In traditional grammar, there are three ways to explain moods: the Indicative, Imperative, and Subjunctive.
However, modern grammar has made a slight change and added the Interrogative mood.
So, in simpler terms, we can classify moods into four categories:
- Imperative Moods
- Declarative or Indicative Moods
- Interrogative Moods
- Subjunctive Moods
Imperative Mood Meaning
The imperative mood is used to give commands or make requests. It is used to express a strong or direct order. This mood is equal to the Imperative sentence.
Uses of Imperative Mood
- To give orders: Step down from the bench immediately.
- To give advice: Develop a habit of exercising regularly.
- To give instructions: Stir the mixture for five minutes.
- To give directions: Proceed straight ahead and take the second right.
- To give a warning: Stop right there or face the consequences.
- To make a request: Could you please lend me your pen?
- To make an offer: Can I get you anything from the store?
- To make an invitation: Join us for dinner at our place next Friday.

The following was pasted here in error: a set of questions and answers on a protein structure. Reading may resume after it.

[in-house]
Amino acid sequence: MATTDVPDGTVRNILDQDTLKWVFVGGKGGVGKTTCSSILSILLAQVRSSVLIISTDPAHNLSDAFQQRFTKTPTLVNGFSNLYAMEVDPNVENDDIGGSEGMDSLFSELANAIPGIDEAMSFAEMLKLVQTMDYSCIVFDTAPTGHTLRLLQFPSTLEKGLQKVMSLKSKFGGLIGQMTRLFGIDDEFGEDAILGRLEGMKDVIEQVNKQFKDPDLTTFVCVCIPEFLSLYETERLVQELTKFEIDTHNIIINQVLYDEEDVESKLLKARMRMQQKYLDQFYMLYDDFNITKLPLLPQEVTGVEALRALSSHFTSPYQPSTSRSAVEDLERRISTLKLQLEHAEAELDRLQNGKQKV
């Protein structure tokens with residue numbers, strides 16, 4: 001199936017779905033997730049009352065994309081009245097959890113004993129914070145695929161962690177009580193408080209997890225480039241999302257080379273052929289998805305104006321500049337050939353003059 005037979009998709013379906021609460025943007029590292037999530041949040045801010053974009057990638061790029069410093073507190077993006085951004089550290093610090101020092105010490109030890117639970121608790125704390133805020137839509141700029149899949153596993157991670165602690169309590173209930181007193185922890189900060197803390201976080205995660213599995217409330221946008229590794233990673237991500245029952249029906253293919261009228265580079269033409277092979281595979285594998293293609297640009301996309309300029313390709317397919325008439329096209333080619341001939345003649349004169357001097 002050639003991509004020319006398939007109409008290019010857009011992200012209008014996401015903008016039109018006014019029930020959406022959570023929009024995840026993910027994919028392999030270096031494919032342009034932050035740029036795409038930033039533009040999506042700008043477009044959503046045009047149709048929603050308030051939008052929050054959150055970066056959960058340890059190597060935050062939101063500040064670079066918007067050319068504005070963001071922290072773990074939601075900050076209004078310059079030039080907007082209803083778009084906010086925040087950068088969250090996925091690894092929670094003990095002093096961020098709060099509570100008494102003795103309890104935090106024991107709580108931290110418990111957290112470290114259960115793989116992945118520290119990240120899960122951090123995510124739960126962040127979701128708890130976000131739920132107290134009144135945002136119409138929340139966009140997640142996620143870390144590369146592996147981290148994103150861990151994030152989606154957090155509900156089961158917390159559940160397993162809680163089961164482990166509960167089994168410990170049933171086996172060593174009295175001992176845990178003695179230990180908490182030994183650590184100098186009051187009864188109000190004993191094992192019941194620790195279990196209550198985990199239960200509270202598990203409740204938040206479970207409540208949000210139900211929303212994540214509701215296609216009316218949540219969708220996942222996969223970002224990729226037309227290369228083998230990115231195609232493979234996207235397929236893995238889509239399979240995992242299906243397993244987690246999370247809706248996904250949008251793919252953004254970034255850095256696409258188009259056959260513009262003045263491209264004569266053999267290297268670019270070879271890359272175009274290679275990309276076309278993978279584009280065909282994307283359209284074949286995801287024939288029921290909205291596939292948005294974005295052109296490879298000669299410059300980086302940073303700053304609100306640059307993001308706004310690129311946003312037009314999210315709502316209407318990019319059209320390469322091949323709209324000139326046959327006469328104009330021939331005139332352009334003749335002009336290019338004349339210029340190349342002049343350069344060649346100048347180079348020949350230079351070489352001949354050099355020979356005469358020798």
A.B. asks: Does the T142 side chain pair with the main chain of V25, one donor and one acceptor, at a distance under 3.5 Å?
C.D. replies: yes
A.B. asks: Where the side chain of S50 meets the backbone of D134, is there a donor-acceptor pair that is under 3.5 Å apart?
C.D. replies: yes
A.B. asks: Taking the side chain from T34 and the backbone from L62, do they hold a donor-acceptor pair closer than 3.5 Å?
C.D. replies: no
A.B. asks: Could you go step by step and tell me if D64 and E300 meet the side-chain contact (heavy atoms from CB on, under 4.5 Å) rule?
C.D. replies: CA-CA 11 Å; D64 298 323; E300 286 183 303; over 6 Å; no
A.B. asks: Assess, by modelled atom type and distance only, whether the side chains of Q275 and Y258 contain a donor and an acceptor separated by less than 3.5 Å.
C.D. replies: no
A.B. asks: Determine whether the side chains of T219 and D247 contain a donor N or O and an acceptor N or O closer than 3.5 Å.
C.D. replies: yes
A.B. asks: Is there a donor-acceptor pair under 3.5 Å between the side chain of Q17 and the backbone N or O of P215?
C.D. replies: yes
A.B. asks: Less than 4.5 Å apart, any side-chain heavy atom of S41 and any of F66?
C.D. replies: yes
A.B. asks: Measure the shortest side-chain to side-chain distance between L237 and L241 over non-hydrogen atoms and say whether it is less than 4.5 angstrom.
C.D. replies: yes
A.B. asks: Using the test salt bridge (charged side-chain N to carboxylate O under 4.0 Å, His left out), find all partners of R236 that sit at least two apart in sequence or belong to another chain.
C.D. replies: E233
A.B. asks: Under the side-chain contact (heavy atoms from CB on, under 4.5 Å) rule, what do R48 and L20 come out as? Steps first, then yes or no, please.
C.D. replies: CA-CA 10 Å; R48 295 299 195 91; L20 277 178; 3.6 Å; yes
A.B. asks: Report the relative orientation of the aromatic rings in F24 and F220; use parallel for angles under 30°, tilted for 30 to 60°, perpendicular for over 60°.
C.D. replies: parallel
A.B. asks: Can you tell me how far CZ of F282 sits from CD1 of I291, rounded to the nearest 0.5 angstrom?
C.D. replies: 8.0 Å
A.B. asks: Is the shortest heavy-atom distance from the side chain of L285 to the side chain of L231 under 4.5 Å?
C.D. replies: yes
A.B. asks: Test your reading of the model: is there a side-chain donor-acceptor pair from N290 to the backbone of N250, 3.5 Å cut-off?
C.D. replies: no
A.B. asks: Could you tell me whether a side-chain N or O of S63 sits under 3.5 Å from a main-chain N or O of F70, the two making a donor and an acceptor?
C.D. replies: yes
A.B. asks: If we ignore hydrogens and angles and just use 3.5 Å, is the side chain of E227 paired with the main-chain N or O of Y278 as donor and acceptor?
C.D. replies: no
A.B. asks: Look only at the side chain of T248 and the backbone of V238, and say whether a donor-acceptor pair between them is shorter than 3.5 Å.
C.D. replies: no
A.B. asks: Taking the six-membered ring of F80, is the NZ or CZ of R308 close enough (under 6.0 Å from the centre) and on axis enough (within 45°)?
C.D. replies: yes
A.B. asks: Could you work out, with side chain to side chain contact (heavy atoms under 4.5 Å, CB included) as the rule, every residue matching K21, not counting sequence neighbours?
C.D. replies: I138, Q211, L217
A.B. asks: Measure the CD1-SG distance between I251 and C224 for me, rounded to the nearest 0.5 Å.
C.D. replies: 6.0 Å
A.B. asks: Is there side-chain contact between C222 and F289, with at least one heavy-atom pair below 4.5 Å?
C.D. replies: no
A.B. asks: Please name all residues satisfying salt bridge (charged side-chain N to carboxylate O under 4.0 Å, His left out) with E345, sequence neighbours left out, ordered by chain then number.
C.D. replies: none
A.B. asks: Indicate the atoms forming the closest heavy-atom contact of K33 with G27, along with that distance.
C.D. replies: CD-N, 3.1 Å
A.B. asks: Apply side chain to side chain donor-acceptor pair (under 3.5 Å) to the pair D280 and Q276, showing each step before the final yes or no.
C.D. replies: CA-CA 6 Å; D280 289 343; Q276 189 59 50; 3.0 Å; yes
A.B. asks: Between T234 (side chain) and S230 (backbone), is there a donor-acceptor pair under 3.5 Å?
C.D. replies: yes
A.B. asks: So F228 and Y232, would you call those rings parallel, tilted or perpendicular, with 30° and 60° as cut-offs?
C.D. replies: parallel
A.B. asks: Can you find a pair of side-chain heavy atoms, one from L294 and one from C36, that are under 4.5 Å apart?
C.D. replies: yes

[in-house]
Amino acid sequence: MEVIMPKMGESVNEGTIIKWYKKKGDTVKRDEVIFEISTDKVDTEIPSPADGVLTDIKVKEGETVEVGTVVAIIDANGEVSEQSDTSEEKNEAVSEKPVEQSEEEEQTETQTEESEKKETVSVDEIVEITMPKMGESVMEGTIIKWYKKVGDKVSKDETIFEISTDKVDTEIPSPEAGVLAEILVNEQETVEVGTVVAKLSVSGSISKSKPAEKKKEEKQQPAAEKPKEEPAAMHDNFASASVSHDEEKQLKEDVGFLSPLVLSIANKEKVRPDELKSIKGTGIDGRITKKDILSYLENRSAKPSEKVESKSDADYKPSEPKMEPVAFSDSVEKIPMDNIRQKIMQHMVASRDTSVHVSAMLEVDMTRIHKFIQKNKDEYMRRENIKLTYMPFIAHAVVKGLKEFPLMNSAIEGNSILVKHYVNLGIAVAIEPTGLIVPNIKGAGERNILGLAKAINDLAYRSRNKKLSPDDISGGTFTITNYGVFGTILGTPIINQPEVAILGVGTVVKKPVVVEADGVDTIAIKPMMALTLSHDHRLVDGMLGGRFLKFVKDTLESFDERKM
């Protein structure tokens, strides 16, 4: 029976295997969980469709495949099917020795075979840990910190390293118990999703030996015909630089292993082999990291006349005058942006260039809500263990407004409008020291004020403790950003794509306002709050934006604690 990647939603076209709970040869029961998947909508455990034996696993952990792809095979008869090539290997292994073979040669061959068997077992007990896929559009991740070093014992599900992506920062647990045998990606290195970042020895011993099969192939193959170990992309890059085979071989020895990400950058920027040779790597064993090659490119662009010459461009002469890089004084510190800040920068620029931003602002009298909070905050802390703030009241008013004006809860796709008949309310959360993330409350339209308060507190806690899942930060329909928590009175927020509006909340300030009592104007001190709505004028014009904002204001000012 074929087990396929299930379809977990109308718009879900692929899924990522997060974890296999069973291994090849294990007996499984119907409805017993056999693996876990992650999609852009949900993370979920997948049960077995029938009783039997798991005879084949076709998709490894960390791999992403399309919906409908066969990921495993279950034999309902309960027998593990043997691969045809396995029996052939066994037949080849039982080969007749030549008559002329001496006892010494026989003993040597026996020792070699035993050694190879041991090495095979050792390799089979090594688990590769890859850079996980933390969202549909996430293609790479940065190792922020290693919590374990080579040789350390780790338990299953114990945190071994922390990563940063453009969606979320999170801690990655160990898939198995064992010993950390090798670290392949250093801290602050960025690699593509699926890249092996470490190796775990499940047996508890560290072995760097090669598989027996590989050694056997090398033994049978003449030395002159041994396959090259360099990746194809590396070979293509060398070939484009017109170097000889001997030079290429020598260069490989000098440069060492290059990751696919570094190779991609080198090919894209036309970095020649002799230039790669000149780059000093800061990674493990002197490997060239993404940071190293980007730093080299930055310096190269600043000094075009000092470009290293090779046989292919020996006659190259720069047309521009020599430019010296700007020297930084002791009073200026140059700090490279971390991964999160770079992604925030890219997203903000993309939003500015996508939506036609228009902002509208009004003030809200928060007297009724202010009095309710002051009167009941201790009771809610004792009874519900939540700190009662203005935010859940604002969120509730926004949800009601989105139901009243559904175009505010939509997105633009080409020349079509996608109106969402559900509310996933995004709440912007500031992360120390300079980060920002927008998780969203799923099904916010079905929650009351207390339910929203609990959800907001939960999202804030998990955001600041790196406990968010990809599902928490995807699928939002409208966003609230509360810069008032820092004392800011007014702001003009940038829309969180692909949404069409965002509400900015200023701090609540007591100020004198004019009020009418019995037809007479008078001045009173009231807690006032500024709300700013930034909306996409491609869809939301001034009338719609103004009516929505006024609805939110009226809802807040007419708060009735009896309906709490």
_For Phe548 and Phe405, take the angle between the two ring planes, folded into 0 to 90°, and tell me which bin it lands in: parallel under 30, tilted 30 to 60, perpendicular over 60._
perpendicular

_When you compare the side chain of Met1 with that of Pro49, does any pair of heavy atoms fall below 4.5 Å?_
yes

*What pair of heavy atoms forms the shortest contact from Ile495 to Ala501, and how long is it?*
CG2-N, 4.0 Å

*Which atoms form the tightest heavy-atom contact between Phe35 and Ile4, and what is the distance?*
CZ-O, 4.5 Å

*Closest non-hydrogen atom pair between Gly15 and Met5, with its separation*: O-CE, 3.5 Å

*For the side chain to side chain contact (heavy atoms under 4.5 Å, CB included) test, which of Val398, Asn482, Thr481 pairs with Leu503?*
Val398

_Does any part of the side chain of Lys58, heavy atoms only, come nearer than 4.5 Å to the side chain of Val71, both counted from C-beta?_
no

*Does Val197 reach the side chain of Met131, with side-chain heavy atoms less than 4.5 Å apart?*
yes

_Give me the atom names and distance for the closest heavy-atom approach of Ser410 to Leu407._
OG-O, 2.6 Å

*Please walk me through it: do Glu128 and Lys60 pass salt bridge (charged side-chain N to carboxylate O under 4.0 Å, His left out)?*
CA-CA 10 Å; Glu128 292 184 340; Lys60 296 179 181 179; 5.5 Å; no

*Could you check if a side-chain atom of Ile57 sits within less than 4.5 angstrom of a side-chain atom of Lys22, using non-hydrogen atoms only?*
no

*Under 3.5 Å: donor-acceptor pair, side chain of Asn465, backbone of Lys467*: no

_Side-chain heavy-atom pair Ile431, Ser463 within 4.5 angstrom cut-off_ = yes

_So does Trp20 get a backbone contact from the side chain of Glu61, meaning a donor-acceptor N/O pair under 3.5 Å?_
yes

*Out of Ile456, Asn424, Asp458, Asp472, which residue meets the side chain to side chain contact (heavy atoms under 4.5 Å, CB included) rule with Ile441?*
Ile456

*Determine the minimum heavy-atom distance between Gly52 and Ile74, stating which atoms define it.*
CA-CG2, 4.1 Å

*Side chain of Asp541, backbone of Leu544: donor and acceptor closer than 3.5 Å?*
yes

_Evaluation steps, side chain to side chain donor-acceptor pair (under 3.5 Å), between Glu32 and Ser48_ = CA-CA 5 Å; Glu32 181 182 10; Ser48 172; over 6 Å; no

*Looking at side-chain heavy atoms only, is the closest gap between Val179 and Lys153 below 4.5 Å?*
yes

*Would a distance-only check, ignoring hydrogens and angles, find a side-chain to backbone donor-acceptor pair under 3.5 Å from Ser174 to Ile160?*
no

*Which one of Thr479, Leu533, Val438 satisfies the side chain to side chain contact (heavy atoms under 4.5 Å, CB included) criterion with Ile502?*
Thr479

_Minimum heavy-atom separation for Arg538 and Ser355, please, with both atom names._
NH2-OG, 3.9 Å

- To ask for help, mercy, or an apology: Can someone please help me with this heavy box?
- To forbid or prohibit: No entry beyond this point.
Imperative Moods Using ‘Let’
- To give orders using “let”: Let everyone gather in the conference room. Let the employees know about the change in schedule.
- To give advice using “let”: Let’s try to be more patient with each other. Let him take a break and relax for a while.
- To give instructions using “let”: Let the dough rise for an hour before baking. Let the paint dry completely before applying a second coat.
- To give directions using “let”: Let’s turn right at the next intersection. Let the children lead the way to the park.
- To give a warning using “let”: Let’s not forget to lock the doors before leaving. Let’s be careful with that fragile vase.
- To make a request using “let”: Let me borrow your car for a few hours. Let’s ask John to help us with the project.
- To make an offer using “let”: Let me give you a hand with carrying those bags. Let’s treat ourselves to a nice dinner tonight.
- To make an invitation using “let”: Let’s go out for a movie this weekend. Let’s have a picnic in the park next Sunday.
- To ask for help, mercy, or an apology using “let”: Let me please have a second chance. Let’s have mercy on the poor and offer assistance.
- To forbid or prohibit using “let”: Let’s not allow smoking in the building. Let’s make sure nobody enters the restricted area.